The core Jabber protocols as formalized within the IETF contain support for Transport Layer Security (TLS) and subsequent use of the Simple Authentication and Security Layer (SASL) EXTERNAL mechanism. Several open-source and commercial server implementations conform to RFC 3920 in this regard, but not all server codebases support TLS and SASL. Furthermore, very few server deployments use proper (i.e., non-self-signed) certificates because of the expense of obtaining certificates from traditional certification authorities (for this reason, we have been actively involved in the CAcert project and in Q4 2006 deployed an intermediate certification authority under the auspices of StartCom). These implementation and deployment gaps need to be closed in order to build a more secure Jabber network.

Furthermore, this work will support our efforts to advance XMPP within the Internet Standards Process, since we must demonstrate multiple interoperable implementations in order for our specifications to move forward to Draft Standard. Since TLS and SASL interoperability was not fully demonstrated at the test event in July 2006, more testing is required. However, in-person testing is inconvenient (although productive), which is why the XSF is working to set up a private network for Internet-based interoperability testing. This infrastructure will enable the Jabber/XMPP community to rapidly complete future testing efforts (and eventually also offer compliance certification).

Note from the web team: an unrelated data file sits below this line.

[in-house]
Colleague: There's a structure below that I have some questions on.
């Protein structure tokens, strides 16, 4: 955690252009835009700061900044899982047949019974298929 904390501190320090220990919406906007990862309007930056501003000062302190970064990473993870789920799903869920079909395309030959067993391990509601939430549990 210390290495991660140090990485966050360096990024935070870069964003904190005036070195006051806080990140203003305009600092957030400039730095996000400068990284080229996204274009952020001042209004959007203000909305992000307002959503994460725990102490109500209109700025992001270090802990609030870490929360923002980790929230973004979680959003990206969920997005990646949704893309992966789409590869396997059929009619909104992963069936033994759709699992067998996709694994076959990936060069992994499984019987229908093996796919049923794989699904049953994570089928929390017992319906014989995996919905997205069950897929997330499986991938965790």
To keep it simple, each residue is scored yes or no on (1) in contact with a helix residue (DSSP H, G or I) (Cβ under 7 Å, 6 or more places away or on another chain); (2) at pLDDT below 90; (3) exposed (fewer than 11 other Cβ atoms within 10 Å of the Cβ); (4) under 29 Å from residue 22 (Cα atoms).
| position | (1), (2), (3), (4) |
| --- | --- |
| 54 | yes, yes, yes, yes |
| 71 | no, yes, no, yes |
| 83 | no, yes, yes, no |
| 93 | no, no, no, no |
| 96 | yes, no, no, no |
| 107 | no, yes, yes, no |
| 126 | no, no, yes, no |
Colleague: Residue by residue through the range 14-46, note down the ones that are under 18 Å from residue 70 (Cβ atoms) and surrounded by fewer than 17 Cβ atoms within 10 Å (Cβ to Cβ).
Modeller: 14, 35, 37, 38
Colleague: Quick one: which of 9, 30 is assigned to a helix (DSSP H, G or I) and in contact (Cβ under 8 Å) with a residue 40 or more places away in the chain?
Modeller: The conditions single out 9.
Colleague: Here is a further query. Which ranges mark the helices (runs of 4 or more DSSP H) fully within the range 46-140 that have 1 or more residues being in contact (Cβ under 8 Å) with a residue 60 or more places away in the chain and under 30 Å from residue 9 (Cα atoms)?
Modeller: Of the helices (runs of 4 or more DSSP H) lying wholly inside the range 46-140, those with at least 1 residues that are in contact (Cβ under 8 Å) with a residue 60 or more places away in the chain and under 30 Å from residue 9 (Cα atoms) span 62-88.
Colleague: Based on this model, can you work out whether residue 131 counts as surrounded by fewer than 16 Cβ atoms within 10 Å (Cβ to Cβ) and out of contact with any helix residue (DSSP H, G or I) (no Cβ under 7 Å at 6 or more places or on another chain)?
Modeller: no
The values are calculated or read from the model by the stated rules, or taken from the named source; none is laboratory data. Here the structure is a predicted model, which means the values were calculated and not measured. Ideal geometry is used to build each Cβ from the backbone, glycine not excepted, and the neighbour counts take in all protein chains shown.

Proposal:

Item Description Timing Cost
Interop testing Complete full interoperability testing of TLS and SASL between major client and server implementations via the emerging xmpp.org private testing network and at the second XMPP interop event in February 2007 (co-located with FOSDEM 2007), including testing of a wide range of server certificates (e.g., those issued by CAcert and StartCom) February through April 2007 $1,000